OneHour Method – Nice Tool For Understanding Chords On Guitar

Today I’m flying to Nashville and I’m going to use the time to review a nice little tool called the OneHour Method. This post is also the first log of hopefully many in my travel journal of this upcoming 2 week expedition. I’ll be spending a week in Nashville, hit San Diego/Spring Valley for a couple of days and finally visit my old home town Boston where I used to study for a while in the beginning of this decade. But more of those later on. The app is available for download for free during the CAAS convention so you should definitely download it here now! 

OneHour Method is an app for iPhone that’s aimed for guitar players learning the fretboard and chords. To be as transparent as possible, it’s probably best that I talk about my relationship to the app first. I first learned about this app when Reijo Hiltunen, the creator of the method, called me and asked me to make a couple of videos to promote it. That I did and apparently he was happy with my work as he wanted to deepen the collaboration.

We met a few times talking about the history and the future of OneHour Method and finally Reijo suggested that I’d do this trip to the States to spread the word and to find new collaborators.
That been said, this is not meant to be an ad but a review and I aim to be objective as best as I can.

When I first tried the app, I recognised its benefits for a beginning guitarist trying to figure out what the heck is happening on the fretboard. This is not a simple task even on a piano where everything is linear and visually easier to grasp, but on the guitar with six string tuned asymmetrically it can be quite overwhelming. I used to figure out fingerings of scales and chords (which are ultimately two sides of the same thing) drawing them on countless little pieces of paper (which I’m still finding from time to time after all these years). I have no regrets, doing it the hard way challenged my mind in a good a way and made me who I am today, but most of people don’t have the time and persistence to go through this - including most of my students. As I’ve recommended OneHour Method -app to my students, I’ve only heard good things about it and I believe it has sped up their learning process.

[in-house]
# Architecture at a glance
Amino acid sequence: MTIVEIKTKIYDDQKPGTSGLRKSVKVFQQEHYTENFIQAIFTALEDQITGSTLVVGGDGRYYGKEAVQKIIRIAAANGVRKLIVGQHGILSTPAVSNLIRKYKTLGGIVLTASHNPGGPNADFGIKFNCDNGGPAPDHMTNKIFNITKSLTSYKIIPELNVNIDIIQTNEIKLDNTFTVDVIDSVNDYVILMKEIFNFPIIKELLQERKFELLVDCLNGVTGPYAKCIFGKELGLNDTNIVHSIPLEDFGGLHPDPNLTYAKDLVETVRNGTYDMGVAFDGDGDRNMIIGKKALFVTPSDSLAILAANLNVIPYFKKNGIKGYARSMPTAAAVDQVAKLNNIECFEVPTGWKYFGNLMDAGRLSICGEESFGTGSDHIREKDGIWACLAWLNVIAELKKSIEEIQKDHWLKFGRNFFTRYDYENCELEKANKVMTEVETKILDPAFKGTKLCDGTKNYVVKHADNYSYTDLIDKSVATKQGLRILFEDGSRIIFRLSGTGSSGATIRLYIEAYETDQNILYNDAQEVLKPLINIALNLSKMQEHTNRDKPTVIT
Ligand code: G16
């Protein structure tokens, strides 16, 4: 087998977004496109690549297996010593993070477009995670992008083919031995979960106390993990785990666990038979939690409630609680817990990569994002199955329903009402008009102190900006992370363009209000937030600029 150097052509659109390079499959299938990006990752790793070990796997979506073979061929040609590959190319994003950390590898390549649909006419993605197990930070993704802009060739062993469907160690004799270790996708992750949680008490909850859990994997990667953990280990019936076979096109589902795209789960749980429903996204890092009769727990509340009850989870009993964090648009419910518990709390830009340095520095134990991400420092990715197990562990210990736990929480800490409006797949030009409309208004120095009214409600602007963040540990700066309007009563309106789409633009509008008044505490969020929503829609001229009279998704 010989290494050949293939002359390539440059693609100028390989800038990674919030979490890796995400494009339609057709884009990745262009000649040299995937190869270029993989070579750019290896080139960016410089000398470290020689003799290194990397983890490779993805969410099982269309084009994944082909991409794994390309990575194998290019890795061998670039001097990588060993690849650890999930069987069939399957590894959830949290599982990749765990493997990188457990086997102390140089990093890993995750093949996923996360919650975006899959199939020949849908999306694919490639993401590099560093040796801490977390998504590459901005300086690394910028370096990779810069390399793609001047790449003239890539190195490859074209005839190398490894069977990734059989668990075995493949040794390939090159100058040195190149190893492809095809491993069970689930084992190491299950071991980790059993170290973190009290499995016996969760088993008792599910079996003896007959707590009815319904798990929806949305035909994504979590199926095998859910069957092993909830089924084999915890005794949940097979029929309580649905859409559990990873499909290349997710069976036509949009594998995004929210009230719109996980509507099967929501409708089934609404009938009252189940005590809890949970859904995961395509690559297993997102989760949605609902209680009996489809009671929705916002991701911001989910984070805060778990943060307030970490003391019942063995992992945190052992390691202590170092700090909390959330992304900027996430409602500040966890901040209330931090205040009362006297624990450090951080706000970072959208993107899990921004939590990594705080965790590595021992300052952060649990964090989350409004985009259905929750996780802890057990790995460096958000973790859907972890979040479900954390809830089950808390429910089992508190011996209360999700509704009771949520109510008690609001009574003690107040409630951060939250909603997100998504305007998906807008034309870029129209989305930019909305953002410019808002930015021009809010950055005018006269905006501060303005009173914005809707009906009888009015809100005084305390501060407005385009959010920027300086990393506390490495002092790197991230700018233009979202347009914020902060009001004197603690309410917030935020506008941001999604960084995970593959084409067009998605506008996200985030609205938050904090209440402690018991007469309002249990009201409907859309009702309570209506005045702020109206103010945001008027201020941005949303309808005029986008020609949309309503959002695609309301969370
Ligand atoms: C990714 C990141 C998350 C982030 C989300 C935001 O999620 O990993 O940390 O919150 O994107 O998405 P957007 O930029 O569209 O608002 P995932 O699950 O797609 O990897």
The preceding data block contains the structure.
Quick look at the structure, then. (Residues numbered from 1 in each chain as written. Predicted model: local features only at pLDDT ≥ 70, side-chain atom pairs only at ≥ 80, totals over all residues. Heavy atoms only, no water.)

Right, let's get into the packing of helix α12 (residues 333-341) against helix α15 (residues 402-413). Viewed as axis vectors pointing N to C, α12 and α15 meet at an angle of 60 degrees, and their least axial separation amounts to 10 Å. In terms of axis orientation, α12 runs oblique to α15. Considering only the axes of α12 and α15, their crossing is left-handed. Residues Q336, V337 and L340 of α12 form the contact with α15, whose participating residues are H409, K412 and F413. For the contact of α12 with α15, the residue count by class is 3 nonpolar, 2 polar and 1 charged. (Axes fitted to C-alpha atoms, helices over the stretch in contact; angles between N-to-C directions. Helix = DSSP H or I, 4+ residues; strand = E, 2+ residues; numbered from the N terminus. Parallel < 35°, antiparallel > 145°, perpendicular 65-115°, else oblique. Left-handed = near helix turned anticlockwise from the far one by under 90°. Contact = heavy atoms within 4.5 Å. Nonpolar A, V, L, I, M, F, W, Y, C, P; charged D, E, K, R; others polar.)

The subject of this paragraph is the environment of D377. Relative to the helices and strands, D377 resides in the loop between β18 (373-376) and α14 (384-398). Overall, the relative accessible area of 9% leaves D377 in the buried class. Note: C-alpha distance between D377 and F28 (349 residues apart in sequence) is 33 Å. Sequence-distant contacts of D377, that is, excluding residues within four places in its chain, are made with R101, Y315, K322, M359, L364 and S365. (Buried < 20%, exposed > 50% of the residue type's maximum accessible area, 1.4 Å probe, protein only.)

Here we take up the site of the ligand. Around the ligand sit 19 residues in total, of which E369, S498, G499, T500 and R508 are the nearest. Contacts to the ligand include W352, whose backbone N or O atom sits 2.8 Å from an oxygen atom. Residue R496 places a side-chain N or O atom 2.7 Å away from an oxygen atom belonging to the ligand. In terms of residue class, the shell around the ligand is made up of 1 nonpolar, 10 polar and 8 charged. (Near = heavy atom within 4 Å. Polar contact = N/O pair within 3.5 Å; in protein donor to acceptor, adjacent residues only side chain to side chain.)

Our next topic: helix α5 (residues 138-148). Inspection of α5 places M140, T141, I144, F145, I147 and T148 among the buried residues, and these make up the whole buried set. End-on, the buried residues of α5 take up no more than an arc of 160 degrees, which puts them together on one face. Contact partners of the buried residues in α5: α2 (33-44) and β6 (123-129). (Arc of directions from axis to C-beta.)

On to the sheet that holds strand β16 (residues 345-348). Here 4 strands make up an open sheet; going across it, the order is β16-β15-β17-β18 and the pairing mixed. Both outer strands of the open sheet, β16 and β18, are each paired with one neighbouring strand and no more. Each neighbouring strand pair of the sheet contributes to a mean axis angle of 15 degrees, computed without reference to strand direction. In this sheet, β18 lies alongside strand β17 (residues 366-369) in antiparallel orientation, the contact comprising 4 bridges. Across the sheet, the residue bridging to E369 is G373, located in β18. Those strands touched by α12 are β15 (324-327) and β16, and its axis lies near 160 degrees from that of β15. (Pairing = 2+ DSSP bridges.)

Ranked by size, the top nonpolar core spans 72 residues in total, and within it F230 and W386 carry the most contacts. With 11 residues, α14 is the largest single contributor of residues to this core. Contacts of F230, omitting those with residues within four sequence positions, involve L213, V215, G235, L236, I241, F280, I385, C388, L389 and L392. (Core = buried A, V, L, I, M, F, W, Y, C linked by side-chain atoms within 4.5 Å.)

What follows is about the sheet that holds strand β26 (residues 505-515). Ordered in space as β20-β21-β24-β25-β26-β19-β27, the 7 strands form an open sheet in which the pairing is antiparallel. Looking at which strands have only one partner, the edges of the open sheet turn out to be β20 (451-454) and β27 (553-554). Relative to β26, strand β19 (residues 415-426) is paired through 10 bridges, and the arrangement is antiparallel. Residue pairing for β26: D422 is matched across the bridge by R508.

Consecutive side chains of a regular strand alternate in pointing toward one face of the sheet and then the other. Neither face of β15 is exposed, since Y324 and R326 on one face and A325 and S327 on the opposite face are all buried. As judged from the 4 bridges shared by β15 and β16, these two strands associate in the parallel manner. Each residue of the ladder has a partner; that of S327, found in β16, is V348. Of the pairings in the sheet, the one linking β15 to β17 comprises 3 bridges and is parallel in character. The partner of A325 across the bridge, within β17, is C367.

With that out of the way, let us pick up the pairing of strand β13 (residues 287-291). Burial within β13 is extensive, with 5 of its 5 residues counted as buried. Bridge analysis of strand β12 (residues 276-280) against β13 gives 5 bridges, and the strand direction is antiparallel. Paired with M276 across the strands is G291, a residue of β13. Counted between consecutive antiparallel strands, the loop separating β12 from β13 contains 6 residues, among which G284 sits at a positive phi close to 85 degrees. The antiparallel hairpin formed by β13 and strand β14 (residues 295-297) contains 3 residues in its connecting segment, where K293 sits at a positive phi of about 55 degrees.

The app has two main modes - the tutorial and the chord builder mode.

The tutorial is a simple yet effective introduction on how the chord tones are combined on the fretboard to form chords. It makes you alter chords on the screen and has a quiz at the end to test if you paid attention. I guess the name OneHour Method refers to this part as it can give you the basic understanding of the chords on the fretboard really fast - within an hour they say and I have no reason to doubt that even though it must vary depending on every individual. On top of that you have short theory lessons regarding the different chord types.

The chord builder mode gives you the ability to create your own chords in two ways. You can either choose a root and the type of chord and the app will show you the possible choices of notes from which you can choose or you can just choose notes and it will tell you the name of the chords. The chord selection is very wide, definitely enough for most levels from beginner to advanced. There are a couple of more advanced chord types missing like 9sus4 and 13sus4 and quartal harmony, but I’ve talked to Reijo so they should be included in the future updates. After you have the notes down you can listen to how it sounds. You can even strum or pluck the strings one by one swiping the strings on the screen which is a nice feature.

More advanced features include different tunings and a capo and you can even have both of them on simultaneously. The one feature that I’m missing is the banjo fretboard (who would’ve guessed :D), but if all goes well that will be added later on as well as others like ukulele and mandolin.

If you have comments about the OneHour Method -app or ideas for future development of the app please post them below or e-mail them to us! 🙂

OneHour starts with understanding the familiar chord shapes
The app shows you how to alter the chord tones to get different chords
Testing the limits
After trying out different options we found our winner